Mirrors Windows and Sliding Glass Doors. Ten ways teacher librarians improve literacy in schools. Australian schools constantly strive to improve the literacy outcomes of their students. Supporting literacy achievement for struggling readers is particularly important because these readers have their disadvantage compounded: capable students develop “richer” skills through continued exposure to reading, and the gap between them and struggling readers widens.
Breaking From Tradition To Create A Culture Of Reading – The Teacher And The Admin. Last June, I had the good fortune to address the senior members of our school’s National Honor Society.
It was their senior breakfast, one of the last official school events before they would be graduating and moving on. As I looked out from the podium, it hit me. Four years prior, I was literally the first teacher that 30 of them had in high school. They were the last group that I had taught as freshmen before I had moved on to teach other courses, which, for some of them, forced them to have me for another year or two.
School Library Journal. At the St.
Croix Elementary School in rural Wisconsin, students earn Book Bucks by meeting academic goals and spend them on gently used items. Student Kelsey Chelberg shops at the Book Boutique. It is 8:30 a.m. on a Tuesday, and the library is buzzing. Students are reading in every nook and cranny. The "beep beep" of the checkout is constant. The secret to our success. Statistics About Struggling Readers and Reading Growth. Can reading practice help transform struggling readers into successful readers?
And by doing so, can we change the trajectory of their long-term educational careers—perhaps even influence their odds of graduating from high school and attending college? The following ten statistics about struggling readers and reading growth, originally included in a recent article series by Renaissance, show how even a small increase in daily reading practice could make a huge difference for all students. Reading Practice by the Numbers: 1. 6 More Minutes Results from the world’s largest annual study of K–12 student reading habits found that students who started the year as struggling readers but ended the year at or above benchmark each day read just six more minutes than struggling readers who did not meet benchmark.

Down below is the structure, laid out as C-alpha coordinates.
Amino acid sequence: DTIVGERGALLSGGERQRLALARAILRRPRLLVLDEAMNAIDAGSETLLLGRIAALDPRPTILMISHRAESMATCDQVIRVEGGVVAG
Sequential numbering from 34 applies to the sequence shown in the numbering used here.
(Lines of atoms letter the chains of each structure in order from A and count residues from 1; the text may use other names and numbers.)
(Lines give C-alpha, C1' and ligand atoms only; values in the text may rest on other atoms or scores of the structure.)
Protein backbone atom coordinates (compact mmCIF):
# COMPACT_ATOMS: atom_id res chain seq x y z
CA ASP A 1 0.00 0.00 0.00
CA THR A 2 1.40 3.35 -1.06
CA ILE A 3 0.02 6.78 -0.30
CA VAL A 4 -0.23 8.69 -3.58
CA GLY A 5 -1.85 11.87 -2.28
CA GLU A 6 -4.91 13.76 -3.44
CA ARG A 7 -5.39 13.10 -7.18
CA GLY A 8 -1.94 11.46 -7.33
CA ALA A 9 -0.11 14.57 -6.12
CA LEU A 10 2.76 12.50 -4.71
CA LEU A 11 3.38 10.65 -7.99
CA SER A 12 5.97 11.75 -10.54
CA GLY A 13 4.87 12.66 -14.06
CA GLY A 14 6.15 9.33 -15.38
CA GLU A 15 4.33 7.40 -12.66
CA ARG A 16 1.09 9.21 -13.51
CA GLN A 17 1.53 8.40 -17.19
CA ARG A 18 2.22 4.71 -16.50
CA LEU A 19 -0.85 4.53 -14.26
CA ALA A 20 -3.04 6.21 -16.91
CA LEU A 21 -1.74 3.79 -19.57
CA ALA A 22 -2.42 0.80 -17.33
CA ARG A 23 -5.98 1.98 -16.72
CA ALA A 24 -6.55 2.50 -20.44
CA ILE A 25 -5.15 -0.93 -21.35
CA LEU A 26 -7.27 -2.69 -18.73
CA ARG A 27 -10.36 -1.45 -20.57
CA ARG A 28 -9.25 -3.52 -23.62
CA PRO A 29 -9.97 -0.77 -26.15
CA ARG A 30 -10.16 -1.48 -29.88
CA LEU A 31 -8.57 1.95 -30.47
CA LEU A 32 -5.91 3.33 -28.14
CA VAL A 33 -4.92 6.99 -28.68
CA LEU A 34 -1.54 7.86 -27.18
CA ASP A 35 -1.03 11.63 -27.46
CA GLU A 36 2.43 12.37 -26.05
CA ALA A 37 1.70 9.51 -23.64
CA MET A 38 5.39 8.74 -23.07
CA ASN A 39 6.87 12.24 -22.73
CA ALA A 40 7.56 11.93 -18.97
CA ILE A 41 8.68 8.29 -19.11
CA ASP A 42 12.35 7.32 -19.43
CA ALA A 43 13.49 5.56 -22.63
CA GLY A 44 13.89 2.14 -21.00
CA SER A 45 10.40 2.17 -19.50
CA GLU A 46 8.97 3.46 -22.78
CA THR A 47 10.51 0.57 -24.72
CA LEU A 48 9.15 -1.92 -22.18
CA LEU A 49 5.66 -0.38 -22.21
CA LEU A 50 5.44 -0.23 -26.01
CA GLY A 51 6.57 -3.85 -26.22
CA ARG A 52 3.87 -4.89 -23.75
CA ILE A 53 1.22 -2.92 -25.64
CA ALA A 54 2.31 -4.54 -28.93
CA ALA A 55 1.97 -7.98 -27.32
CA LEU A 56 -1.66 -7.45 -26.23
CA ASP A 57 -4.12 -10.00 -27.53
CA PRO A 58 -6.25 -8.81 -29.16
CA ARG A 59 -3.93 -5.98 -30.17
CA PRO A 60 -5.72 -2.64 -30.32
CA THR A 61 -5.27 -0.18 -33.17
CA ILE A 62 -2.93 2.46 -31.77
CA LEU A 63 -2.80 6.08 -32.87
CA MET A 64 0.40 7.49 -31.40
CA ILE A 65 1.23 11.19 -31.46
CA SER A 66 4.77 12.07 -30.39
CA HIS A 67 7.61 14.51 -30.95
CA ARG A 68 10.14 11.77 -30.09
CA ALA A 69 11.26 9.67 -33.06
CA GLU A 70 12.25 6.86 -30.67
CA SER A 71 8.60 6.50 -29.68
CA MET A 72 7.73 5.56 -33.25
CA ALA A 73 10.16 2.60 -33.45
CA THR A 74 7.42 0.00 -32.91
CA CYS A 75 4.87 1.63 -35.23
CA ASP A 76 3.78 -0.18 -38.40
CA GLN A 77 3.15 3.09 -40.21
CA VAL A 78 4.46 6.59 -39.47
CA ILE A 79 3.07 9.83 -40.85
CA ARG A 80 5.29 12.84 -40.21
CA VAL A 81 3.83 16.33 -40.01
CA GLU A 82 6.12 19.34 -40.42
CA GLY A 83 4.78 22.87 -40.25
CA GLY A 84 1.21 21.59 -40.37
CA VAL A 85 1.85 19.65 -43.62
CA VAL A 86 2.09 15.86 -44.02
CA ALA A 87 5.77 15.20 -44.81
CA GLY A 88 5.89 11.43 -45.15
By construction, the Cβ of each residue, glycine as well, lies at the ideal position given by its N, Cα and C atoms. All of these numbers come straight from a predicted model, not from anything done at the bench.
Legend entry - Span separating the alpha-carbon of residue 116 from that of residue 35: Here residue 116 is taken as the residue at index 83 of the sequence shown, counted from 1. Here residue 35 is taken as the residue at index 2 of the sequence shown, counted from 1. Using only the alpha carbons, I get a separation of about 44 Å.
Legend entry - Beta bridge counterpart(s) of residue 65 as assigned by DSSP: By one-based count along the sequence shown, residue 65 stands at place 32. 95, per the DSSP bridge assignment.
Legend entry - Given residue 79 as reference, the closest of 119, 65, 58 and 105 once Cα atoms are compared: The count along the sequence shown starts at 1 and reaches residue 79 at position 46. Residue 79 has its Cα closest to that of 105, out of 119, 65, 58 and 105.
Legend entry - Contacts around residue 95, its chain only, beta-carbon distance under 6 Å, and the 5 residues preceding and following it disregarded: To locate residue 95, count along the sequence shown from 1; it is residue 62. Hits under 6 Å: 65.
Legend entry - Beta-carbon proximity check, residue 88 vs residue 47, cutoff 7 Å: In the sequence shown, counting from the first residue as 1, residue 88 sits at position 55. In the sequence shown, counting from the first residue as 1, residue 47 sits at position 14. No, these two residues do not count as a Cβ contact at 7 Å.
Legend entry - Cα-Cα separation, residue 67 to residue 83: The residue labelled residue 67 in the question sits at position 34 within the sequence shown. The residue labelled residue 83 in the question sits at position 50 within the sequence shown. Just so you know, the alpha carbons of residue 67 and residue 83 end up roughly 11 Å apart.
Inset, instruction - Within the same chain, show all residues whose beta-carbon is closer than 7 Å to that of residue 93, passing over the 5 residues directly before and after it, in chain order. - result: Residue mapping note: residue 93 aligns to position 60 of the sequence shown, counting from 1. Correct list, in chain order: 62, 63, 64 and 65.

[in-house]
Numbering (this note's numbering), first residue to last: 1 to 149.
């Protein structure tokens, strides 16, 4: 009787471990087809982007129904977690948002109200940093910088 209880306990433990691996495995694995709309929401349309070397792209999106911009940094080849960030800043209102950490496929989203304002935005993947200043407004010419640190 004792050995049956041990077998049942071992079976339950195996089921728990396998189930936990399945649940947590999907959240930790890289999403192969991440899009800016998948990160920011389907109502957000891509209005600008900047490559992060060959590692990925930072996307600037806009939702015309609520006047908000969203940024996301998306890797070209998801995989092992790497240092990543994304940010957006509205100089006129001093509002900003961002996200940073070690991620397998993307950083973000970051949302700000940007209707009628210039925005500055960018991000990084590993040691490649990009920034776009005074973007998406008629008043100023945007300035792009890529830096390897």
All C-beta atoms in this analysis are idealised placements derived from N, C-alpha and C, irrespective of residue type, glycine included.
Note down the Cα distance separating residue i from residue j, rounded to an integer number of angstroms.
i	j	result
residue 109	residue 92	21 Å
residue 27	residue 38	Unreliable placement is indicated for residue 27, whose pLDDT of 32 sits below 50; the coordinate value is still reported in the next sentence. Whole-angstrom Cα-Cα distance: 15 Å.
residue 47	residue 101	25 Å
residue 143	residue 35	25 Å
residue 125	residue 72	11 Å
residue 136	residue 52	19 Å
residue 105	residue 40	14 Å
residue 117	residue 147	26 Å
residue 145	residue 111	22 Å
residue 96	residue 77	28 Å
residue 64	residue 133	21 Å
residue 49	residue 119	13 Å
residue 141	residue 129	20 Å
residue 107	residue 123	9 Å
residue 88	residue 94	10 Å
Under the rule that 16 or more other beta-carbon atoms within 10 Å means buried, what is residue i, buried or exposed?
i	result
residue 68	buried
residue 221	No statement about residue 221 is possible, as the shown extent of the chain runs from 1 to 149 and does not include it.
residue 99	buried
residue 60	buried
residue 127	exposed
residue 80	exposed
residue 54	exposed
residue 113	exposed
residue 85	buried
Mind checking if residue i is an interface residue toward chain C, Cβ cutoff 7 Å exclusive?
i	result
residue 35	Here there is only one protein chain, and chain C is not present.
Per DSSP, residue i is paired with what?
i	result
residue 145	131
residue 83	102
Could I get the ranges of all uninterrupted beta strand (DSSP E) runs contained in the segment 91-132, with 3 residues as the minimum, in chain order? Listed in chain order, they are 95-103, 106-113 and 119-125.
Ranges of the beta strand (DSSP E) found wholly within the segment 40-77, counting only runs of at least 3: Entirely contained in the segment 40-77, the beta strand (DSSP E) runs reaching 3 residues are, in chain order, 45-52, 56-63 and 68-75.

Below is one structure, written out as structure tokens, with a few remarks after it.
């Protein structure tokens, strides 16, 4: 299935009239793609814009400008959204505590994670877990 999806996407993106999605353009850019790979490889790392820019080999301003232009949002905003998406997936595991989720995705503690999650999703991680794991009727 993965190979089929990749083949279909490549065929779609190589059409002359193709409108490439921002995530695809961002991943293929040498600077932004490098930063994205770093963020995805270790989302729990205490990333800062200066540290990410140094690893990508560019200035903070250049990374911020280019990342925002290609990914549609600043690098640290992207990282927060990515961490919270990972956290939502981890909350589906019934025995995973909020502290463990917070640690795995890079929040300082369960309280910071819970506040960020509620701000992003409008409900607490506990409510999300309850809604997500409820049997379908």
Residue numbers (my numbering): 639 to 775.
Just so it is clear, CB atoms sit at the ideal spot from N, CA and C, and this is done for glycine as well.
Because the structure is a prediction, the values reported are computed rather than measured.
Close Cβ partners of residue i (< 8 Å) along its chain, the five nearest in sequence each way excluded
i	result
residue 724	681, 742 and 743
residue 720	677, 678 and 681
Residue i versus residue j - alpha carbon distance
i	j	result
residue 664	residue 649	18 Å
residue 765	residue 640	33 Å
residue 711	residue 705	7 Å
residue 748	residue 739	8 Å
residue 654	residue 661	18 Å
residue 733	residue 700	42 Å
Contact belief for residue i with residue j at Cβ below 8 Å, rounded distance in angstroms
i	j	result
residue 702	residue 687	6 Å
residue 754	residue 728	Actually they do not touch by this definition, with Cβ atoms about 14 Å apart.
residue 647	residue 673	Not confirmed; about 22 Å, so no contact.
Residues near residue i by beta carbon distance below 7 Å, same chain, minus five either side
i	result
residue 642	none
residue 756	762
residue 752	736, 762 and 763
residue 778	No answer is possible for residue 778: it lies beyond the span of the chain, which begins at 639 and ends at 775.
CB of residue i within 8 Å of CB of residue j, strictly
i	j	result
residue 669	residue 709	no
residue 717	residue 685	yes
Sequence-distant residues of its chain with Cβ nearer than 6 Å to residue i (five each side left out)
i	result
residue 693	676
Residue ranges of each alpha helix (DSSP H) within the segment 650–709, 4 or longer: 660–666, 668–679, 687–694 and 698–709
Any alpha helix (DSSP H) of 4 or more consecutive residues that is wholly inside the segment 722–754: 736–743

Source: Renaissance 2. 15 Minutes Per Day. How to Stop Killing the Love of Reading. How I Made In-Class Silent Reading Work for Me. My second year of teaching, all the English teachers on our campus were given daily 90-minute blocks instead of 45, so I started an in-class silent reading procedure.
However, I did it all wrong. My students, 99 percent of whom were not avid readers, were not simply going to sit and read for 10 to 15 minutes without a fight. So, they hid phones behind their books. They read the same two pages over and over again. They picked up a different book every day because it got too hard after the first few chapters. Listening Isn’t Cheating: How Audio Books Can Help Us Learn.
The Problem with Reading Levels - Intellectual Freedom Blog. How Audiobooks Can Help Kids Who Struggle with Reading. Audiobooks and podcasts are popular ways of bringing stories to students, and each mode brings something unique to the class. William Weil, who with his wife founded the audiobook steaming service for schools, Tales2Go, said that even kids surrounded by articulate adults benefit from hearing the complex words and sentences found in novels and nonfiction; correct usage is often lacking in ordinary conversation.